Auxiliary board members Ruth Lutz, treasurer, and Nancy Gray, historian, walked around the medical center on Wednesday making in-person announcements to department staff that they had been funded.

Lutz was excited by the response from the departments. “They were so pleased,” she said.

Gray found the experience rewarding because of the inside look she got at the medical center and its many, diverse services.

But Lutz and Gray were quick to point out that it wasn’t they who were making the gift to the medical center, but rather the full Auxiliary and all who shop at the Thrift Shop. “We’re so fortunate to be able to do this because of what the Thrift Shop brings in,” Gray said.

Donor Profile: The Gifford Medical Center Auxiliary

The following is an excerpt from the 2011 Annual Report.

Facilitating a circle of giving

Gifford Auxiliary

Linnie Laws, Kathy Corrao, and Ginny Cantlin knit and crochet hats and mittens for area school children in need. In 2011, 150 pieces were made by
Auxiliary members and their friends.

The Gifford Medical Center Auxiliary is an organization both supported and motivated by donations. Among the medical center’s largest monetary contributors, the now 105-year-old Auxiliary is able to give so much because of the generosity it receives from the
community and its 135 members.

Auxiliary members knit hats and mittens for school children in need and contribute to the Randolph Area Food Shelf and Salvation Army. They help area youth and other area residents pursue health care careers or advance their careers through scholarships. They also volunteer at the Thrift Shop.

A staple in the community for 55 years, the Thrift Shop on the surface is a place to buy bargain-priced wears. Seemingly immune to any stereotypes the Thrift Shop is a source of pride for its shoppers, a daily gathering place for some and a resource to many truly in need.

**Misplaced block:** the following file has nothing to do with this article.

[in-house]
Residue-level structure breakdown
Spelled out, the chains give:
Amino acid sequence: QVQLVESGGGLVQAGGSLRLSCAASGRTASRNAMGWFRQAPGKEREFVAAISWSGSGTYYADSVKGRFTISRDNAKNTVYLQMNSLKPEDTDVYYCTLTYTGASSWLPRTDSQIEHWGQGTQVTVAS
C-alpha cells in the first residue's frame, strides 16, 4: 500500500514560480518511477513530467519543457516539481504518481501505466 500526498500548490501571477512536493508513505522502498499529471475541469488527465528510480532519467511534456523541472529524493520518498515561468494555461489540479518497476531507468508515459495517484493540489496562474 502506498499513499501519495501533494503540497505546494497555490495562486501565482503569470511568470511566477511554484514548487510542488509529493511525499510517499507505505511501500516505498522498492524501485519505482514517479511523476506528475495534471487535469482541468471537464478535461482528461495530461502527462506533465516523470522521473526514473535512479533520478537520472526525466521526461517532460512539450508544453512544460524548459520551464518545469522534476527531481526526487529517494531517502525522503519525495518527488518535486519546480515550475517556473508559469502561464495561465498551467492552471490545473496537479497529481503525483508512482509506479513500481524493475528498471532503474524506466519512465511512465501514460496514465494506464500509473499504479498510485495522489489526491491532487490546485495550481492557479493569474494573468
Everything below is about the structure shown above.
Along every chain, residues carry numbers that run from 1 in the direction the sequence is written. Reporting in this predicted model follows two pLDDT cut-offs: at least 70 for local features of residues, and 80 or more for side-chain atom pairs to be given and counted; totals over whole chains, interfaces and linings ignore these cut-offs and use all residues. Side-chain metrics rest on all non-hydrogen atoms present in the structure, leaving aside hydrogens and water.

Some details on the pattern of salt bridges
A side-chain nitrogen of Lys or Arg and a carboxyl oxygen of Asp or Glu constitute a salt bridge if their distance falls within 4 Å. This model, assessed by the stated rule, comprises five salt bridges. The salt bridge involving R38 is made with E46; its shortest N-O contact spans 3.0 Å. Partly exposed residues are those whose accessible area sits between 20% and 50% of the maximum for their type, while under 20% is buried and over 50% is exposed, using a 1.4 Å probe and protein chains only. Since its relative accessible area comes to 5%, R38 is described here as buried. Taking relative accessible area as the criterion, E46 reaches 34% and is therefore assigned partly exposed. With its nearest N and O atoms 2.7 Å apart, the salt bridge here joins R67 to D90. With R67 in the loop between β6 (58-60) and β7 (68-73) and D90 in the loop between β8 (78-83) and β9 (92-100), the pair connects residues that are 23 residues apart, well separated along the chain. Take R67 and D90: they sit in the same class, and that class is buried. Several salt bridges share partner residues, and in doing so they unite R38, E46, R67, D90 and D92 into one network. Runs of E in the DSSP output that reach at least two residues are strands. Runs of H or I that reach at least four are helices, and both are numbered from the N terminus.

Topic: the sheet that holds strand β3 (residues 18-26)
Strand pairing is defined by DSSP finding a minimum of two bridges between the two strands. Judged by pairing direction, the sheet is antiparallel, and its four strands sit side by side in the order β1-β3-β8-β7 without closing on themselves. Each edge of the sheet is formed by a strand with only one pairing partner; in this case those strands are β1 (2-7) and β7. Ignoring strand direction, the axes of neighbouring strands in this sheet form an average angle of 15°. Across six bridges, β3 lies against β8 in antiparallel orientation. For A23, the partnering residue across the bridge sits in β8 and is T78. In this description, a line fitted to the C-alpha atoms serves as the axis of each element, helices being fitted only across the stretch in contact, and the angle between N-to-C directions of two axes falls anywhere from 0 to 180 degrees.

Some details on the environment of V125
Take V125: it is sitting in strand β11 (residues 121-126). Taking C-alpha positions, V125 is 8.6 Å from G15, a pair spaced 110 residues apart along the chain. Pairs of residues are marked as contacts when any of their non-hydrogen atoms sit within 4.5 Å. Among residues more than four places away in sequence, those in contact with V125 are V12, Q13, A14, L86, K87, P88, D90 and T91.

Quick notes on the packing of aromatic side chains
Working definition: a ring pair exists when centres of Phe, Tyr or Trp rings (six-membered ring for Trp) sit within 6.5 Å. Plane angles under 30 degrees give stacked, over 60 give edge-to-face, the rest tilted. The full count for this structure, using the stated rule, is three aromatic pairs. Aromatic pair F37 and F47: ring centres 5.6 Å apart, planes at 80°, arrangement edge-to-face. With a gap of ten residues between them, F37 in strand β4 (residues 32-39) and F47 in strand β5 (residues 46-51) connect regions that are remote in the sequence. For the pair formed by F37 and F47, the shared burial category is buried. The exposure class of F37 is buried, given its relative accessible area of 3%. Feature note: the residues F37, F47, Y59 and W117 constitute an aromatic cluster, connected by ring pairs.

“Terrible times have fallen upon us, and I just don’t know what to do,” Thrift Shop Manager Dianne Elias often hears. “When people are in true need, they know they can come to us.”

The Thrift Shop is also the main source of revenue for the Auxiliary’s generosity, and it is the community’s place to recycle good quality, unwanted clothes, and small household items, like kitchen ware and linens. The community’s generosity in giving to the Thrift Shop is evident in the piles of boxes and bags that fill the business’ receiving dock each day, but a single event in 2011 highlighted that generosity like no other, and that was
Tropical Storm Irene.

Many families lost everything, and Vermonters sprang into action.

“Every single person wanted to help,” recalls Dianne, “but didn’t know how to help, so they cleaned out their closets.”